Paper art, paper art, paper art. Origami, collages or decoupage? Which one is it this time? Peter Callesen set his heart on decoupage and origami in his artworks. What’s rather unusual is his indifference towards colors. His working material is the blank paper.
By taking away all the information and starting from scratch using the blank white A4 paper sheet for my creations, I feel I have found a material that we are all able to relate to, and at the same time the A4 paper sheet is neutral and open to fill with different meaning.
But Peter Callesen isn’t just your regular artist. He took art beyond the walls of any museum. He even got the moon of the sky in Copenhagen in 2004. Here are some of his most spectacular installations:
This installation was placed near a busy street, in the old town square in Copenhagen. His idea was to create the illusion of seeing Earth from outer space instead of the moon. Many passers by stood in awe pointing at the paper Earth in the sky. Of course his art had a deeper meaning: to make people see things from a different perspective, to make them reflect on their existence.
Above the Sky (Children exhibition)
Above the sky was an exhibition especially designed for children. It revolved around sound and interaction. The children enjoyed getting to know art through it; peep-holes presented themselves with many surprises, as did the tree trunk and the Babylon Tower.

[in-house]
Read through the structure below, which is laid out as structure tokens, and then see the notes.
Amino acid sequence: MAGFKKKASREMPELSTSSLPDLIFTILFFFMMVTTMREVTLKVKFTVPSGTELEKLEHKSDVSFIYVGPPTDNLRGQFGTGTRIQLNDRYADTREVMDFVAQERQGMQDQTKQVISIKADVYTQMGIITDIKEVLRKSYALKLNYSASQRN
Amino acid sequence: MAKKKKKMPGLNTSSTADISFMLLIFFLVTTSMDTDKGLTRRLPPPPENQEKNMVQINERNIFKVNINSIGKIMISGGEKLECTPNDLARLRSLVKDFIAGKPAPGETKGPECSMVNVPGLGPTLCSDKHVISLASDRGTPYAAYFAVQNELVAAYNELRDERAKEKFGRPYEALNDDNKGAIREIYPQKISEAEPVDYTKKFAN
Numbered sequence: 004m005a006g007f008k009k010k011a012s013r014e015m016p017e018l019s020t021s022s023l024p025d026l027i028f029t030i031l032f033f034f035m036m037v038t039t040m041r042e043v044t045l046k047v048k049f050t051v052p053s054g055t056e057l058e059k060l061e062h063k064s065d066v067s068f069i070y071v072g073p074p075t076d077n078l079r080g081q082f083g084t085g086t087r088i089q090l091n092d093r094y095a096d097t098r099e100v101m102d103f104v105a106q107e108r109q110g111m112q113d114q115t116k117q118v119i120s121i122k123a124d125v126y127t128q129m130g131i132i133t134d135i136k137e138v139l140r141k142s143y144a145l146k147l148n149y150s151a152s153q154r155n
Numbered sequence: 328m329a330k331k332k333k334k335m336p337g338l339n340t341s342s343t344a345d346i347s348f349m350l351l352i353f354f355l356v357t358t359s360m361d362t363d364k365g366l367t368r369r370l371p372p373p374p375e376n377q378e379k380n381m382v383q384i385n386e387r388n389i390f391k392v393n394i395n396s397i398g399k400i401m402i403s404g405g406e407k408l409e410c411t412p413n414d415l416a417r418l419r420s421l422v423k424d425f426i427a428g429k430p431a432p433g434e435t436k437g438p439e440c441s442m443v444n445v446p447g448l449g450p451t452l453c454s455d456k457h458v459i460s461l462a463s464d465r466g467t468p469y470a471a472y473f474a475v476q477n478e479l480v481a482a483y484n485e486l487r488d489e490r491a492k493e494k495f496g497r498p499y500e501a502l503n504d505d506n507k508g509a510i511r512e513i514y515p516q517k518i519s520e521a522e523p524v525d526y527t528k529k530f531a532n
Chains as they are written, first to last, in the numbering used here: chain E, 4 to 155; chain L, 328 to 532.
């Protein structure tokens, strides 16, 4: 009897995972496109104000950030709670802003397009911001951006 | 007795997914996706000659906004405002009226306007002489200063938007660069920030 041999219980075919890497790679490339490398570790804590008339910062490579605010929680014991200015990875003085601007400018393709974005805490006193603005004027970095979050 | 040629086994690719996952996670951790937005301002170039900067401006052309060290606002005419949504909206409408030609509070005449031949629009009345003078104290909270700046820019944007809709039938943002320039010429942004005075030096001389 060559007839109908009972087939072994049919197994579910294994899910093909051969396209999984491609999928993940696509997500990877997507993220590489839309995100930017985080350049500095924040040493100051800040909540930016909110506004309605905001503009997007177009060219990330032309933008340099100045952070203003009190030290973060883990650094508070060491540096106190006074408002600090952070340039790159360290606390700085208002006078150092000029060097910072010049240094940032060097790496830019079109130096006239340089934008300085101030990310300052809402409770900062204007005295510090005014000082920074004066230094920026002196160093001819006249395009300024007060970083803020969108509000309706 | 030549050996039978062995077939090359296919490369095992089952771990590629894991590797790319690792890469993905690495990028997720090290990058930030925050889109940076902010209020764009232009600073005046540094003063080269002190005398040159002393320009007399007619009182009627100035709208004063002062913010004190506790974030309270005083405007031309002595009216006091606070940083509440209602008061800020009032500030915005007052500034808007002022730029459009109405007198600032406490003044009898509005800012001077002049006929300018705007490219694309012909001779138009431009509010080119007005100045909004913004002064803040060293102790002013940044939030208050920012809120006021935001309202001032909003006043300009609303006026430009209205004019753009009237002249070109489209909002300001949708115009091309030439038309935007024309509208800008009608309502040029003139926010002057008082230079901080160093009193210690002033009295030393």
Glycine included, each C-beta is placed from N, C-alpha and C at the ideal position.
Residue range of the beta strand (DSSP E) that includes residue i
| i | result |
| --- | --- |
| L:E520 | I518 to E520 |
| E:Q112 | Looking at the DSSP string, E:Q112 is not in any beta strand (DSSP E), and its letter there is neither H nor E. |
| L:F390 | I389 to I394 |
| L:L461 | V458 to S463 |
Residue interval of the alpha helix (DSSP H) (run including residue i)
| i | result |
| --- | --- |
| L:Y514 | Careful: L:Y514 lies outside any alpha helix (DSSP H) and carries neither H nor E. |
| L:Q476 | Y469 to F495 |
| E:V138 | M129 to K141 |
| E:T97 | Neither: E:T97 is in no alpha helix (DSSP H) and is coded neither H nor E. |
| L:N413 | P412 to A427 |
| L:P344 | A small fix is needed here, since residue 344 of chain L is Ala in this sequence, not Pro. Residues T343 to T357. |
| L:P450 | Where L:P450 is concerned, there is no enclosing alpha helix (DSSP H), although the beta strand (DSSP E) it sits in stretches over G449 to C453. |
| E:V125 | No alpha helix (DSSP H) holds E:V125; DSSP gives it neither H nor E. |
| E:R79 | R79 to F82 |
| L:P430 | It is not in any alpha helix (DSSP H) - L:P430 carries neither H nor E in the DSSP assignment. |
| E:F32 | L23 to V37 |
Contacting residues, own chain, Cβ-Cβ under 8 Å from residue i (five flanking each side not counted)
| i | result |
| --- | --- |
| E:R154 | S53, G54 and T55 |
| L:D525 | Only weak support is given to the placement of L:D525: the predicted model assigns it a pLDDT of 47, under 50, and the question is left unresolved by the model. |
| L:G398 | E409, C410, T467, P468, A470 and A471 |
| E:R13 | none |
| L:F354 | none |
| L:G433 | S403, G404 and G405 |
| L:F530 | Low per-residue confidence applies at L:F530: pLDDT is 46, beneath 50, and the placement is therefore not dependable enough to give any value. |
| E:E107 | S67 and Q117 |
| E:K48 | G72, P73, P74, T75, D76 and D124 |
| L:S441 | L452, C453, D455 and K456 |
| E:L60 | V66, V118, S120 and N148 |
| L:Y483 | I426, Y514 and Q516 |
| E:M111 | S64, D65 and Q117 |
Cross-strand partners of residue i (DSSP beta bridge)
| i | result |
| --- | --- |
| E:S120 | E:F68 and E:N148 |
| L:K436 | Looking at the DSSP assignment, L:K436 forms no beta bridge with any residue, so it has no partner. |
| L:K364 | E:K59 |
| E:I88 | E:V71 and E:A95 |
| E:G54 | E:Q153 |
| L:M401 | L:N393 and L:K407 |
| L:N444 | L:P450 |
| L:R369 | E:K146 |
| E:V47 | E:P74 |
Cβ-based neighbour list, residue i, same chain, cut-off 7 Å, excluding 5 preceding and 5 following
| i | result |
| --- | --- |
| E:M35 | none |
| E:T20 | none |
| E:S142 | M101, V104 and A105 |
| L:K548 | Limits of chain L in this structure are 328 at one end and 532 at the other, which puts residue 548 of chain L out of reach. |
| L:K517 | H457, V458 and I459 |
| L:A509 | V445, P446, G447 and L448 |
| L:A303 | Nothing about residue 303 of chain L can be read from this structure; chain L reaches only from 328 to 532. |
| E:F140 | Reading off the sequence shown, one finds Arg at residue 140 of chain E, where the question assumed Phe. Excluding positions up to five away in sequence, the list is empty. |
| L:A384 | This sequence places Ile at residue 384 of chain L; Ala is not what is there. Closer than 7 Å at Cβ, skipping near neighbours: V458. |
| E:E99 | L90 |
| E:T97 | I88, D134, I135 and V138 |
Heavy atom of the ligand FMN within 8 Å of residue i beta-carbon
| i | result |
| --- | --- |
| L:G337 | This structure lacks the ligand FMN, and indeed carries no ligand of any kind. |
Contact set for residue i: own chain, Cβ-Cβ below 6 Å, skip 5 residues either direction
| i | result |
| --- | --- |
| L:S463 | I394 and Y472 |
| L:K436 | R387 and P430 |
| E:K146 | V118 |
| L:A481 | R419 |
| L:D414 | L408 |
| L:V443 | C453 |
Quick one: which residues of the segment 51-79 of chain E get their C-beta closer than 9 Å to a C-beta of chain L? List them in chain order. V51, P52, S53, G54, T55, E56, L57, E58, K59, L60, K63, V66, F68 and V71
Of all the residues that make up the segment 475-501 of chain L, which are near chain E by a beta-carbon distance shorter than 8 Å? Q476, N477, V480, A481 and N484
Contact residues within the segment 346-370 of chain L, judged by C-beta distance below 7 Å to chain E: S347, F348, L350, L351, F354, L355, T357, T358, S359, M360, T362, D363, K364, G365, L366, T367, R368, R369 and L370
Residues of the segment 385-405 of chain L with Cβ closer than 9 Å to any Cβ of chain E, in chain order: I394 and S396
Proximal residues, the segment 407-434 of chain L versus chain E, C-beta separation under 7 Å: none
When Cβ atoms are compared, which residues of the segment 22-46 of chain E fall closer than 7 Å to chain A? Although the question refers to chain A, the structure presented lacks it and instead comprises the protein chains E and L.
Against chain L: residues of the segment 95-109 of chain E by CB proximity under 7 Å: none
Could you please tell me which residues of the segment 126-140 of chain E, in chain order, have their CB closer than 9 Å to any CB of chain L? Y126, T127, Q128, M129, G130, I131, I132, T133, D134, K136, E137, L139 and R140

Luncheon in the Green
The entire exhibition was made out of a green room with a white quadrangle and on the opposite wall, there was a pair of headphones. The white quadrangle was the exact size of Edouard Manet’s famous painting Luncheon on the Grass.
Peter Callesen offered a luxurious lunch for the people attending and surprisingly (or not), some of them were even taped eating and talking. Afterwards, the room was cleaned, leaving but the headphones and the empty walls. The headphones had the opening on tape so the people could listen to others eating, talking and drinking.
This particular installation was a subtle criticism to art exhibition openings because sometimes, the opening takes the spotlight while the actual exhibition is doomed to become the runner-up.
Photo credits: Peter Callesen